Group: Members
Posts: 1,470
Joined: 4 Mar 2017
Member No.: 90,659



The issue for me isn't that he got a quote from A-Plan, then later bought it online.

He arranged his own quote, then called A-Plan, then proceeded to got a policy from his original quote anyway.

Maybe if the OP had called the insurer it might be different but I would imagine the ombudsman would expect the OP to be reading the terms of the policy they had created a quote for.
Go to the top of the page
 
+Quote Post
disgrunt
post Wed, 27 Jun 2018 - 12:49
Post #71


Member


Group: Members
Posts: 178
Joined: 8 Dec 2012
Member No.: 58,778



Agree, it’s not looking good for the OP but a lot would hinge on the call he made to the broker. If the OP could get this then it could help their case (or not) regardless of the actual mechanics of buying the policy.

In the OPs position i’d Be trying anything that might help me, however remote
Go to the top of the page
 
+Quote Post
cp8759
post Wed, 27 Jun 2018 - 15:17
Post #72


Member


Group: Members
Posts: 4,916
Joined: 3 Dec 2010
Member No.: 42,618



QUOTE (notmeatloaf @ Wed, 27 Jun 2018 - 13:31) *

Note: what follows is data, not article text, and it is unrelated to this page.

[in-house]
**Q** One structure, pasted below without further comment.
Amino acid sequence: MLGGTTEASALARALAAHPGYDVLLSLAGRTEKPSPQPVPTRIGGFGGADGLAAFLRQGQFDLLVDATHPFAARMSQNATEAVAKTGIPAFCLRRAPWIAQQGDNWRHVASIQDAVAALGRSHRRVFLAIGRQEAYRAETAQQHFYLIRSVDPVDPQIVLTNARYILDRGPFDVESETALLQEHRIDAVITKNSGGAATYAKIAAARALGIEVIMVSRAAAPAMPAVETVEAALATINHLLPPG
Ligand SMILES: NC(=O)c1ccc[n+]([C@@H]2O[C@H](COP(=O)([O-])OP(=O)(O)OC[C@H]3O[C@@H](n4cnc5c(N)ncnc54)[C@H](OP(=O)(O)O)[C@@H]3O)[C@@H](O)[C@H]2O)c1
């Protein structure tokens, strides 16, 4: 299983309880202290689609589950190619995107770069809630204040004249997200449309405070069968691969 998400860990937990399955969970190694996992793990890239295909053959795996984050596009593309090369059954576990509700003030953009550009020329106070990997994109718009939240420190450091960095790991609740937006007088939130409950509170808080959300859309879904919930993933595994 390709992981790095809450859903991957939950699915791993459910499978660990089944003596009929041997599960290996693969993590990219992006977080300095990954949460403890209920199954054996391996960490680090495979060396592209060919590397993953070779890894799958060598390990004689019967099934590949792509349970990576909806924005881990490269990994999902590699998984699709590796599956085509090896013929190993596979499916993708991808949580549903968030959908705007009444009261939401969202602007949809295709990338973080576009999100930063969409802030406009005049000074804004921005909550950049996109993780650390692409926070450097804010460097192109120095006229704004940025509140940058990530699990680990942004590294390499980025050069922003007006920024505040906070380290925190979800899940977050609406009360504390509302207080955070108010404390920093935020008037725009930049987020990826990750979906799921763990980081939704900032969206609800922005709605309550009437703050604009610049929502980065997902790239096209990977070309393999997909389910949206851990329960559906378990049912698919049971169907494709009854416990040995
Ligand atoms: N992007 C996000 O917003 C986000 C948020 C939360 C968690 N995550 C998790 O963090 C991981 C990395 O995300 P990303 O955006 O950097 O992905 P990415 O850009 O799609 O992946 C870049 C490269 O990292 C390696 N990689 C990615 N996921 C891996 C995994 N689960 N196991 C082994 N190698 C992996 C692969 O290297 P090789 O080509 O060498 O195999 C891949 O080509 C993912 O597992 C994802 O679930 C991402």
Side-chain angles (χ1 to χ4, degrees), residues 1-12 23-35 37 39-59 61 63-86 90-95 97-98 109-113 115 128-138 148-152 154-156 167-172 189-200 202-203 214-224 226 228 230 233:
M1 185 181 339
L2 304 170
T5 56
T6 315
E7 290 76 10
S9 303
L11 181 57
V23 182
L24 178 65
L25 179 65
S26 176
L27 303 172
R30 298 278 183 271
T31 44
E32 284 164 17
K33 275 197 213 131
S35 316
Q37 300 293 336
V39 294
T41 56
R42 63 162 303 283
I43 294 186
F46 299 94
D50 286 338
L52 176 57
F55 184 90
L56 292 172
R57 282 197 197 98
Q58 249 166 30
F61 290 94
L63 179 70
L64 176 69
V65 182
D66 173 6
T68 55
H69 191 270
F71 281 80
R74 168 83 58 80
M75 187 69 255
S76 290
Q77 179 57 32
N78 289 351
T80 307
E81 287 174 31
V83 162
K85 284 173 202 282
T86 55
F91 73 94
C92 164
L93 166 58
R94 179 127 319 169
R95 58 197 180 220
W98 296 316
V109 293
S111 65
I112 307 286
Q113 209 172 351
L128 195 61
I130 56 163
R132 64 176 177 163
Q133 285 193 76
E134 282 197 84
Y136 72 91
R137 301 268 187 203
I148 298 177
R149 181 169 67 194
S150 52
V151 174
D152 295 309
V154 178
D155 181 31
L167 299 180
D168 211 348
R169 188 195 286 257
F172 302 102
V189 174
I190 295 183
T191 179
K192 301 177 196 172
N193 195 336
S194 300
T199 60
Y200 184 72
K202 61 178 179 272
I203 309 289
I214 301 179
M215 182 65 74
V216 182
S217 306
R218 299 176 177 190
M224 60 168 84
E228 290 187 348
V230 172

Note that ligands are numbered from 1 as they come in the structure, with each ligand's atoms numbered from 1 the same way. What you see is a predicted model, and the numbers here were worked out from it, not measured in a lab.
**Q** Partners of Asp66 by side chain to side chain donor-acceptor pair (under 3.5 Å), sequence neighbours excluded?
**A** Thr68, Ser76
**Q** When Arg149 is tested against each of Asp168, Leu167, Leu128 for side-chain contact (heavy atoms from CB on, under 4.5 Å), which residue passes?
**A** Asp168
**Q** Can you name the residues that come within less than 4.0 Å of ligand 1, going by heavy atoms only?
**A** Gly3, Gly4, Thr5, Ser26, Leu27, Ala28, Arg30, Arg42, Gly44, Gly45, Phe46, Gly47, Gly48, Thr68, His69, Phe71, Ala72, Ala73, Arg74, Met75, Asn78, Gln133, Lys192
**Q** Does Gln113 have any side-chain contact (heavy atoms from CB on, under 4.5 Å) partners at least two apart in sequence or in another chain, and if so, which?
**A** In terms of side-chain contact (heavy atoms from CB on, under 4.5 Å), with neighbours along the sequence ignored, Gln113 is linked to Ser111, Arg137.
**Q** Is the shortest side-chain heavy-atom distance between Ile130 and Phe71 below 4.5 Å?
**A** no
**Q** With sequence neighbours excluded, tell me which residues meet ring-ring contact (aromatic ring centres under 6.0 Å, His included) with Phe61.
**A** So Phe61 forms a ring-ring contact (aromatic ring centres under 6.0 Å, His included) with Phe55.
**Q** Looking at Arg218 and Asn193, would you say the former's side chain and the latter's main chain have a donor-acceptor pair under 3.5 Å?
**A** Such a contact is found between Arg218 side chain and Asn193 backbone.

The issue for me isn't that he got a quote from A-Plan, then later bought it online.

He arranged his own quote, then called A-Plan, then proceeded to got a policy from his original quote anyway.

Maybe if the OP had called the insurer it might be different but I would imagine the ombudsman would expect the OP to be reading the terms of the policy they had created a quote for.

The ombudsman has repeatedly ruled that they don't expect consumers to read the small print. Without hearing a recording it's impossible to say anything definitive, but the ombudsman can, and regularly does, over-rule the small print where he or she deems that is the only way to treat the consumer fairly. Whether, giving the timing issues, this is a route that should be pursued, is a different matter.


--------------------
I am not on the "motorists's side", nor am I on the "police/CPS/council's" side, I am simply in favour of the rule of law.
No, I am not a lawyer.
Go to the top of the page
 
+Quote Post
NewJudge
post Wed, 27 Jun 2018 - 17:00
Post #73


Member


Group: Members
Posts: 1,562
Joined: 29 Oct 2008
Member No.: 23,623



QUOTE (cp8759 @ Wed, 27 Jun 2018 - 16:17) *